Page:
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MINNEAPOLIS—Today, the United States International Trade Commission (ITC) released its economic analysis of the impact of the United States-Mexico-Canada Agreement (USMCA, or New NAFTA) and concluded that implementation would result in only minor gains for portions of the U.S. economy (in particular, the automobile industry). Not only does New NAFTA fall well short of the economic windfall proponents promised to Americans, it fails consumers, farmers and the environment, said the Institute for Agriculture and Trade Policy (IATP).
"If the goal of the New NAFTA is to boost the economy and improve the lives of U.S. residents, the ITC report confirms it fails miserably," said Sharon Anglin Treat, IATP senior attorney. "The ITC analysis raises the question as to why such time and effort, not to mention over-the-top rhetoric, has been devoted to promoting it."
During a rushed and secretive renegotiation process for New NAFTA, the concerns and interests of global corporations were given priority over those of farmers, workers, consumers and the environment. Therefore, not only will these transnational businesses continue to benefit—as they have during the 25 years since the original NAFTA was passed—but provisions to "lower trade costs for businesses" will limit future authority of the U.S., Canadian or Mexican governments to protect people and the environment in exchange for minimal economic gains. Tellingly, the economic and societal impact of these weakened public protections are ignored by this cursory report.
"New NAFTA isn't just a rhetorical flourish," said Treat. "The agreement is a nearly 2,000 page document with corporate giveaways larded throughout. It would slash consumer protections by limiting food safety oversight and informational labeling, lock in deregulation of the newest genetic modification techniques, and devise new ways to hide health and environmental risk information from the public."
"The ITC computer model forecasting does not include the likely impacts of non-tariff measures in New NAFTA," said Dr. Steve Suppan, IATP senior policy analyst. "New provisions streamline approval of foreign food safety, plant and animal health and animal welfare measures as 'equivalent' despite well-documented evidence they are not. New rules in New NAFTA will lock in a process to further lower U.S. food and agricultural chemical safety standards for decades. Based on the historical record, there is real reason for concern over foodborne illness from imported food and New NAFTA's provisions to enable trade of legally unauthorized products of agricultural biotechnology."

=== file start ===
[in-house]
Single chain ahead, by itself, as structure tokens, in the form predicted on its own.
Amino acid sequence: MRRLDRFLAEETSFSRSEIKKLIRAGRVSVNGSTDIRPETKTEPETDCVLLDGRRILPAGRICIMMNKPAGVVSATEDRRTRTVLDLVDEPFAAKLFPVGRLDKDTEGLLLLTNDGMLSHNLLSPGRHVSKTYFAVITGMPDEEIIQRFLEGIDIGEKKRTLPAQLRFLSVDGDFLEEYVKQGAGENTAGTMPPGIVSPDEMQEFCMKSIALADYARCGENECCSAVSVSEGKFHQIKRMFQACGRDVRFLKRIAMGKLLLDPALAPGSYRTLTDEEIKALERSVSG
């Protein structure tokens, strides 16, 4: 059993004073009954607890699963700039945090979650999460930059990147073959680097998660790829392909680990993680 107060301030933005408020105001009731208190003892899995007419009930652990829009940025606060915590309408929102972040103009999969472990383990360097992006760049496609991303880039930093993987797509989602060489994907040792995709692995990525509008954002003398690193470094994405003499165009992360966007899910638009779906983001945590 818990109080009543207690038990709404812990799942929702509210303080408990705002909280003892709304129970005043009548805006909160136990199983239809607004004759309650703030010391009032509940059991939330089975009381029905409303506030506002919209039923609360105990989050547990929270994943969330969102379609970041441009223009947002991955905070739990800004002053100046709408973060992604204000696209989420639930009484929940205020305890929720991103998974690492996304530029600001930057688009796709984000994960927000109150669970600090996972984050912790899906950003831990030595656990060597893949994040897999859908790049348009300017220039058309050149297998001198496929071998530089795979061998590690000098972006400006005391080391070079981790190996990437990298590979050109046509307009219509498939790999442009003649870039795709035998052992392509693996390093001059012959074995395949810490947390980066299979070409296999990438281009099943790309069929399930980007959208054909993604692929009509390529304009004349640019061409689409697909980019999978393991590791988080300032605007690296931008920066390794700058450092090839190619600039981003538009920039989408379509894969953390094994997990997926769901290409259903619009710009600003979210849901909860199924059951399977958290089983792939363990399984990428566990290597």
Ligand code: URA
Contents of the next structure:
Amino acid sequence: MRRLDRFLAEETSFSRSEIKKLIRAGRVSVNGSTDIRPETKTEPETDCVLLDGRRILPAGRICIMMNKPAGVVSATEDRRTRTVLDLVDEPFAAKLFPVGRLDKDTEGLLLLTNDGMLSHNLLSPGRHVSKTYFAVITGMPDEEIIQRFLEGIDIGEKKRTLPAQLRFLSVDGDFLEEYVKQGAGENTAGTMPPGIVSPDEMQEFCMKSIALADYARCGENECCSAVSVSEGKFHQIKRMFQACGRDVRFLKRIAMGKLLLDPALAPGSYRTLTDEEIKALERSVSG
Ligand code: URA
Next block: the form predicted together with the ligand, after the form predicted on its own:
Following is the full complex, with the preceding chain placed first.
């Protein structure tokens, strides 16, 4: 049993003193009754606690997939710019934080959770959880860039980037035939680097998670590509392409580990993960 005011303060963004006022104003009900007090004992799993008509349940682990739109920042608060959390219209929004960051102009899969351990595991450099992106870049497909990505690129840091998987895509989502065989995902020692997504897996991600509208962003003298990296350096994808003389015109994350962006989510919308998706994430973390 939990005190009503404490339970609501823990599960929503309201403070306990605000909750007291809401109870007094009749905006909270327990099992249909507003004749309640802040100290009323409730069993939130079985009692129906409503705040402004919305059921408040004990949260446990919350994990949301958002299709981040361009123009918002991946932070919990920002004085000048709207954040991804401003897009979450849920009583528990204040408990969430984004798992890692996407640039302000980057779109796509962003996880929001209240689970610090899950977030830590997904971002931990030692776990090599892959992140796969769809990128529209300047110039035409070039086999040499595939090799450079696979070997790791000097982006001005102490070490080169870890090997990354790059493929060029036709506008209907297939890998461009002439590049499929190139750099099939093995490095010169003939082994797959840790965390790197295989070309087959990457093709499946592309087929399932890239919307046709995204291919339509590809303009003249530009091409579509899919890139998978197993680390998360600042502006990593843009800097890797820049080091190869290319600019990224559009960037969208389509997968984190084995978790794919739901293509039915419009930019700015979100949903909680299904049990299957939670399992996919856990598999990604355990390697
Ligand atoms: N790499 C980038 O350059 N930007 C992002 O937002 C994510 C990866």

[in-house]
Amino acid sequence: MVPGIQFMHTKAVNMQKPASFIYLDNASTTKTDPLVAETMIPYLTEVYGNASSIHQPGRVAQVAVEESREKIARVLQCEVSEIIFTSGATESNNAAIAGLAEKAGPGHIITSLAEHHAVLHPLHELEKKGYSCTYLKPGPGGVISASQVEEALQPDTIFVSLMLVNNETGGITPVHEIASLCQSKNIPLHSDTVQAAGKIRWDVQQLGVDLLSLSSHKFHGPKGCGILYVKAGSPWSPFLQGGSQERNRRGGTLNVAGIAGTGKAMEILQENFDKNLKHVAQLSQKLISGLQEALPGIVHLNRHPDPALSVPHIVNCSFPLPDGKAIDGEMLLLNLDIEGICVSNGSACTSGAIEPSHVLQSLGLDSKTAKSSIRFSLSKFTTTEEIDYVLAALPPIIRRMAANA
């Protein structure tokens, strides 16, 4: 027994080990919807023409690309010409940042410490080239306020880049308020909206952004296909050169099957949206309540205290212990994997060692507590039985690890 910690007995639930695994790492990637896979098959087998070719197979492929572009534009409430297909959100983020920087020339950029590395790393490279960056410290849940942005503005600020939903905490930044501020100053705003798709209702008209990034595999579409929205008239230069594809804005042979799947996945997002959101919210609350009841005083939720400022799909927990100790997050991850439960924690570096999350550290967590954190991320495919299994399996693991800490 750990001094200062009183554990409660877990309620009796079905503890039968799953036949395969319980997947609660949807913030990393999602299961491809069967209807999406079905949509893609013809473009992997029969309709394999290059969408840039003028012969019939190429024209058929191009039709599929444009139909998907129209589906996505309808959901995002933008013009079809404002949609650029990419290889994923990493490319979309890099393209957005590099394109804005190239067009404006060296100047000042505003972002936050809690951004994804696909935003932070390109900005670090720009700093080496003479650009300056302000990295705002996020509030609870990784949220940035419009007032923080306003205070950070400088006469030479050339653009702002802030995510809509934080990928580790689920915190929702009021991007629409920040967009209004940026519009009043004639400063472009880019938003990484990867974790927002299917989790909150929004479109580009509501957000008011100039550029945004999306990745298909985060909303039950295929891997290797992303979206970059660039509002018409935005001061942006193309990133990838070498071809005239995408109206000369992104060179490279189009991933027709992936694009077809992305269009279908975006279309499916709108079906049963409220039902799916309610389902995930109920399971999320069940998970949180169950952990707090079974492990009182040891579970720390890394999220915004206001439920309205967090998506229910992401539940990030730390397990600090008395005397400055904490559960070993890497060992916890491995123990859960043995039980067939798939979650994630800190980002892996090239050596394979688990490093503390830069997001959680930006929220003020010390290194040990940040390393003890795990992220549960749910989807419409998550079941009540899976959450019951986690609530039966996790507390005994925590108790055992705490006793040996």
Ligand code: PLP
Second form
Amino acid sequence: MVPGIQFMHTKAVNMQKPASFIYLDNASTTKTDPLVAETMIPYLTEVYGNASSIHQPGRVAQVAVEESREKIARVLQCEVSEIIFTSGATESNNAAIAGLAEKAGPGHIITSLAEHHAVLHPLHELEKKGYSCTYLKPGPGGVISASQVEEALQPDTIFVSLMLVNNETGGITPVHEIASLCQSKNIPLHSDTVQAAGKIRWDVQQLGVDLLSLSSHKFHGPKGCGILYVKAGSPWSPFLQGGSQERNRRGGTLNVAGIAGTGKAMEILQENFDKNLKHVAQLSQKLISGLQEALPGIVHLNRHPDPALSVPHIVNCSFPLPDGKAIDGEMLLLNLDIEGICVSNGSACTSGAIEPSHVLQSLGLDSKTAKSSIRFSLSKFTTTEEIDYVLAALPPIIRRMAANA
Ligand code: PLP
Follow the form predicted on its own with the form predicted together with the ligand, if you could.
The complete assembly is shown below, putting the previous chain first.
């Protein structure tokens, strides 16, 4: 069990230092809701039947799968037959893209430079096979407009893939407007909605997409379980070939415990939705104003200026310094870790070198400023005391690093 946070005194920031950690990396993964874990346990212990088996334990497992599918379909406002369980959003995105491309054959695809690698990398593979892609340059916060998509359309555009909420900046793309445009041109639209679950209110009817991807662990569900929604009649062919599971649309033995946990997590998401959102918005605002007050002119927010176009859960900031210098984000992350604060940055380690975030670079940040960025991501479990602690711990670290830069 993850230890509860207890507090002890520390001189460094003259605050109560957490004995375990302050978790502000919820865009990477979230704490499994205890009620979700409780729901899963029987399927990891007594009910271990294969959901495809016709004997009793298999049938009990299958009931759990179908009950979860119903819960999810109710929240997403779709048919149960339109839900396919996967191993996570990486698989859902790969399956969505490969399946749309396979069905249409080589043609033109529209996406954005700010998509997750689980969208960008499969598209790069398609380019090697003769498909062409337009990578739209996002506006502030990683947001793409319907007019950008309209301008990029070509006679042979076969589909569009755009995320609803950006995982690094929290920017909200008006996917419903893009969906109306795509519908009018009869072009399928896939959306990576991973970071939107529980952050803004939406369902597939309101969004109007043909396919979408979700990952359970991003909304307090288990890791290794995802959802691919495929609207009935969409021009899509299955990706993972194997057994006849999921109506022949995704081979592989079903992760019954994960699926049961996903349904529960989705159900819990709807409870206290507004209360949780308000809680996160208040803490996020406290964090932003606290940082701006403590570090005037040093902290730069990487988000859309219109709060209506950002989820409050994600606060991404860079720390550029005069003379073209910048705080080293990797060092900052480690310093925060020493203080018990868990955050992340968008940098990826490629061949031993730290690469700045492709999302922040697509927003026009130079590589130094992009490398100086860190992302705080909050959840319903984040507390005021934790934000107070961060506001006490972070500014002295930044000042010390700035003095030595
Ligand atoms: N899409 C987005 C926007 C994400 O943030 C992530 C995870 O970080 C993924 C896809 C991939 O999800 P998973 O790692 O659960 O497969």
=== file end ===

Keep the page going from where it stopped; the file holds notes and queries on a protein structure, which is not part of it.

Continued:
The original NAFTA hurt farmers and hollowed out rural communities in the United States, Mexico and Canada, and despite claims from President Trump and U.S. Department of Agriculture Secretary Sonny Perdue that New NAFTA is needed to fix the farm economy, the ITC report shows this rhetoric does not match reality. In fact, the New NAFTA will entrench underlying structural issues, exacerbating our ongoing farm crisis, plagued by low prices, rising debt and increased bankruptcies. It locks in a system where global agribusiness firms exploit farmers and extract from rural communities in all three nations.
New NAFTA's failure to address climate change is both reckless and dangerous. It repeats past mistakes in free trade agreements by fostering deeper North American integration of sectors that emit high quantities of greenhouse gases, such as oil, gas, mining, forestry and agriculture, charting a path forward that will accelerate climate change.
The ITC economic impact report, combined with these concerns for consumer, farmer and environmental protections highlight the need for a fresh approach to a free trade agreement that will benefit all people in the United States, Canada and Mexico.
"The ITC analysis claims that the major win is the commitment to maintain the status quo, especially for new regulations. That is simply not good enough," said Karen Hansen-Kuhn, IATP director of trade and global governance. "We need a replacement for NAFTA that actually fixes the problems created by decades of unfair trade and increasing corporate concentration in our food system. Instead, we have a business-as-usual approach to the things the ITC can measure, and new tools to limit progress on the things it can't."
IATP has been studying and tracking NAFTA and its renegotation since before the original NAFTA came into force in 1994. A database of our past and current analyses on NAFTA and New NAFTA can be found here.